Influence of Amendments Added to Acid Soils on Biochemical Properties, Nitrogen Uptake and Hybrid Maize Yields in Nakuru County, Kenya
Lelei, Joyce J.
Onwonga, Richard N.
Macharia, Joseph K.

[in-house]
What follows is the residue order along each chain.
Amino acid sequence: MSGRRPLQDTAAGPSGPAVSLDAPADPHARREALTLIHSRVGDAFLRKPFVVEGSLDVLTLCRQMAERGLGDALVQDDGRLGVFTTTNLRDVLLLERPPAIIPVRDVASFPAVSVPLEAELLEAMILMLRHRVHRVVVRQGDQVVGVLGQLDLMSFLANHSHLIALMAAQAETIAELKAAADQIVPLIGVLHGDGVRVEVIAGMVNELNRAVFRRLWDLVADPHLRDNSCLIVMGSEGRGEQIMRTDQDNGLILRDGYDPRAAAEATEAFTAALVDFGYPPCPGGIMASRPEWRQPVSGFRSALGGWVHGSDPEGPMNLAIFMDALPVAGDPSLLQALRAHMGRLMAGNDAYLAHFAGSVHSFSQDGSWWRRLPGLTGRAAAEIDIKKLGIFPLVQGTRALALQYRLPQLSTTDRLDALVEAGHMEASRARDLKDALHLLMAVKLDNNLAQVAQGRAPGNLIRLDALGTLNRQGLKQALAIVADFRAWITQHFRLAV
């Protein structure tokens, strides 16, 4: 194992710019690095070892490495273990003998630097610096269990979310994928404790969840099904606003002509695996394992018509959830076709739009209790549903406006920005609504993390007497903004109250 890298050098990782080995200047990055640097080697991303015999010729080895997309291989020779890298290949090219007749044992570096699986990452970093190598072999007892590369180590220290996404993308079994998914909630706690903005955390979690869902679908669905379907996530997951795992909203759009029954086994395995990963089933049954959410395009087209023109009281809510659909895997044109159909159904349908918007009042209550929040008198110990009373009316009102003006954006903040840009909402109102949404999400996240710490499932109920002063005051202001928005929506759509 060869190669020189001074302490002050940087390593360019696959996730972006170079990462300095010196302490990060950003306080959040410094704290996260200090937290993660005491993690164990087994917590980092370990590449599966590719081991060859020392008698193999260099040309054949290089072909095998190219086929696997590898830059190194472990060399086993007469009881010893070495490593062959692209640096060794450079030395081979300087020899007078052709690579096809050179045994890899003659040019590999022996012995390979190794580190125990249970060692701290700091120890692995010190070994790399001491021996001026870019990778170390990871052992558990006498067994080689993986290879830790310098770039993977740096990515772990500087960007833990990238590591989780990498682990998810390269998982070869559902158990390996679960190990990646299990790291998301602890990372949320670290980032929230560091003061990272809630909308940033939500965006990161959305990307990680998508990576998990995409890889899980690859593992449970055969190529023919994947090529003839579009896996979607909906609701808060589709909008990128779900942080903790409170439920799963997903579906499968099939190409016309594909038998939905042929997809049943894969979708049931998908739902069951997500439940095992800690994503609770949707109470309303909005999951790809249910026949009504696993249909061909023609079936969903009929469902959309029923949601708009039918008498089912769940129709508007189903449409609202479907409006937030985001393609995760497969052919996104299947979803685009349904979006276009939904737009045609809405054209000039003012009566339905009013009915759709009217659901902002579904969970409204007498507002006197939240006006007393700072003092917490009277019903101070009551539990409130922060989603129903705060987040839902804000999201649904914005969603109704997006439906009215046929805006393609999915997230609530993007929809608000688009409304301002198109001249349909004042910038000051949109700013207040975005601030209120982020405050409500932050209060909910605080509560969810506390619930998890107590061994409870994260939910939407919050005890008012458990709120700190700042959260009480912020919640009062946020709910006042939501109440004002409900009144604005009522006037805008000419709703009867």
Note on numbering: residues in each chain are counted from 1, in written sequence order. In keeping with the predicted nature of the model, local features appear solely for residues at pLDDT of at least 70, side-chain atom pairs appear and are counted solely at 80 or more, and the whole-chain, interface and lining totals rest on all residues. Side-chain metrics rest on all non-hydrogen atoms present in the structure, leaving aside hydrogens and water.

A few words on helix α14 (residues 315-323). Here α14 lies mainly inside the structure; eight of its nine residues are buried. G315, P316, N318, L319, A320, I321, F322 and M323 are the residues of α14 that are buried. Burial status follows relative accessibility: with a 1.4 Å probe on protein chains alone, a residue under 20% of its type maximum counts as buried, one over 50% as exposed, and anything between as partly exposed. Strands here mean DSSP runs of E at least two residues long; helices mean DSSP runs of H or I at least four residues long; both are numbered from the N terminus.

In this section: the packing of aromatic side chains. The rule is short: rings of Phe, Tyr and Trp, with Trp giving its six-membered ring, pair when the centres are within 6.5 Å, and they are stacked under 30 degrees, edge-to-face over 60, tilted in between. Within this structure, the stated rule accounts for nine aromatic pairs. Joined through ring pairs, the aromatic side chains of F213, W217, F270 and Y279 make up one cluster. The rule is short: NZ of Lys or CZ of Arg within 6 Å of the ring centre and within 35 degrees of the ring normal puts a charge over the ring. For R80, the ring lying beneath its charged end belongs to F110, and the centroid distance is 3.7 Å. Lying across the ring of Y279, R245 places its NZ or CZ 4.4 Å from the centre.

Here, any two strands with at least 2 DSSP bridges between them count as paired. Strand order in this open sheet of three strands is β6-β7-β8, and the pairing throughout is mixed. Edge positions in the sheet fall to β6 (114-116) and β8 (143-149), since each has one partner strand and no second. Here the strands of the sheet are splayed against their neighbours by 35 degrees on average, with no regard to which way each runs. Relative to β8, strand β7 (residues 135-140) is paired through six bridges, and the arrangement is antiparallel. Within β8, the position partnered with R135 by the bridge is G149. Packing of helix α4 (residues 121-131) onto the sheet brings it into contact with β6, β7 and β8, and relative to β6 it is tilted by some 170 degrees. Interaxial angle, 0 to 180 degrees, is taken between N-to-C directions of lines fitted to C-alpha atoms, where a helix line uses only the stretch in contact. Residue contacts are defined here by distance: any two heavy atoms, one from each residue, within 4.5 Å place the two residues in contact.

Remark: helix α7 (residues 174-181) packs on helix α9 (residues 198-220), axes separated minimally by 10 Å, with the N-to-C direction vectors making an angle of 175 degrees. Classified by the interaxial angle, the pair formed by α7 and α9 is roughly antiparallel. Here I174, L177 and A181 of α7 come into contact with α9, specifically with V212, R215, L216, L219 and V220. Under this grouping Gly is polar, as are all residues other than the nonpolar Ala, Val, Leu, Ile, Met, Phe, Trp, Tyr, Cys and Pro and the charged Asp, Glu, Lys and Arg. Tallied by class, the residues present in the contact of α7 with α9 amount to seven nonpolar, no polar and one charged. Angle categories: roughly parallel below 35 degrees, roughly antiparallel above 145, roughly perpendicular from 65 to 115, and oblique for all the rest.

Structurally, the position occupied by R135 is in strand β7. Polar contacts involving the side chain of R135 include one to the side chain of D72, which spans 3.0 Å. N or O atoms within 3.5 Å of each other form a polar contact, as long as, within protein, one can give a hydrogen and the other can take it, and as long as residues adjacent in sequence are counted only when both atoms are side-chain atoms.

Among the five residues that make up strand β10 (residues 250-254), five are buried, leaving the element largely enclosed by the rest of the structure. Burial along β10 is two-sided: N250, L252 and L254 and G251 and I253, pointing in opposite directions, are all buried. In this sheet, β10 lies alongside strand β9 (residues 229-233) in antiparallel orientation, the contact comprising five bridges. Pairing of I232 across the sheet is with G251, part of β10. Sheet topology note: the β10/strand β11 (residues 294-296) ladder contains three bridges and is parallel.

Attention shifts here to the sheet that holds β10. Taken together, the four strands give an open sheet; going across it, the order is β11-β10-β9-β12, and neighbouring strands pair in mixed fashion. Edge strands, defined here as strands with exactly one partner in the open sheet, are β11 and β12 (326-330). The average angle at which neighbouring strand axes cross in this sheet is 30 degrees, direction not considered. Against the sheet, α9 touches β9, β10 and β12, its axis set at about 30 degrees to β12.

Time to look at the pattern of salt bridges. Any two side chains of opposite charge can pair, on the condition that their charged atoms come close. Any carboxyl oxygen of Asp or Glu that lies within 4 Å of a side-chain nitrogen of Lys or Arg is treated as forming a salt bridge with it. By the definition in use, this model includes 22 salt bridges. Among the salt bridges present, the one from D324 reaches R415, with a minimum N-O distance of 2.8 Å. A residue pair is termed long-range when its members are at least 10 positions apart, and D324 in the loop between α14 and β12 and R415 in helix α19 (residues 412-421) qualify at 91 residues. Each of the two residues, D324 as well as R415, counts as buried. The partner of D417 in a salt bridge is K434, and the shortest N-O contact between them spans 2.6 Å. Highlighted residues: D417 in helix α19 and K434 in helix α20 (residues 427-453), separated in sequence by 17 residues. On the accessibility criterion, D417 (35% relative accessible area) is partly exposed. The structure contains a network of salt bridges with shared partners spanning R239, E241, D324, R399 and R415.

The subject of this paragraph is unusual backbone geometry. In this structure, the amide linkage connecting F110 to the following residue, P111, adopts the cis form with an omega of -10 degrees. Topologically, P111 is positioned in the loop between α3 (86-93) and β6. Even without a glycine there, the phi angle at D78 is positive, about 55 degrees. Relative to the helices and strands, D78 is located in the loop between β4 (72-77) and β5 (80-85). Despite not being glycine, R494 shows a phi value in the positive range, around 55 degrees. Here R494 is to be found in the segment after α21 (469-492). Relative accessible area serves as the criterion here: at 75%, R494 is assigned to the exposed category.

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Aim: The current study investigated effect of soil amendments; lime (L), manure (FYM) and minjingu phosphate rock (PR) added to soils on soil microbial biomass carbon and nitrogen (SMB-C and SMB-N), available soil nitrogen (N), crop N uptake and grain yields of two maize hybrids (H513 and H614). Study Design: Two experiments, one for each maize hybrid as test crop, were laid out in a randomized complete block design with a 23 factorial arrangement. The factors each at two levels were L (0 and 3 t ha-1), PR (0 and 60 kg P ha-1) and FYM (0 and 5 t ha-1) giving a total of eight treatments; L, RP, FYM, L+RP, L+FYM, RP+FYM, L+RP+FYM and control (nothing applied). Methods: Soil and plant samples for the determination of SMB-C and SMB-N, available soil N, and crop N uptake were collected at maize seedling, tasseling and physiological maturity. Place and Duration of the Study: The experiment was conducted in Molo district of Nakuru County, Kenya during the long rain seasons of 2009 and 2010. Results: SMB-C and N levels were higher in 2010 than 2009, with lower levels obtained at maize tasseling for both maize hybrids. Available soil N and crop N uptake were higher at maize seedling and declined towards maturity. Statistically significant (P<.05) increases in SMB-C and SMB-N and available soil N and uptake were obtained with the application of soil amendments over the control. In all treatments, H513 had lower N uptake than H614 at tasseling and maturity stages of maize growth and correspondingly higher available N in soil. Maize yields (t ha-1) were higher in 2010 than 2009 and in H614 than H513. The H614 yields were significantly higher (P<.05) in L+PR+FYM (3.9) and, L+PR+FYM (4.1) and L+PR (3.9) treatments in 2009 and 2010, respectively. For H513, yields were significantly higher in L+PR+FYM (2.1 and 2.4) and L+PR (1.9 and 2.1) treatments in 2009 and 2010, respectively. Conclusion: The L+PR+FYM treatment is a feasible acid soil amendment for its superiority in the measured soil and crop parameters. The H513 matured faster than H614 and because of this attribute, is a viable option in response to the diminishing rainfall amounts and unpredictable weather patterns experienced in the County.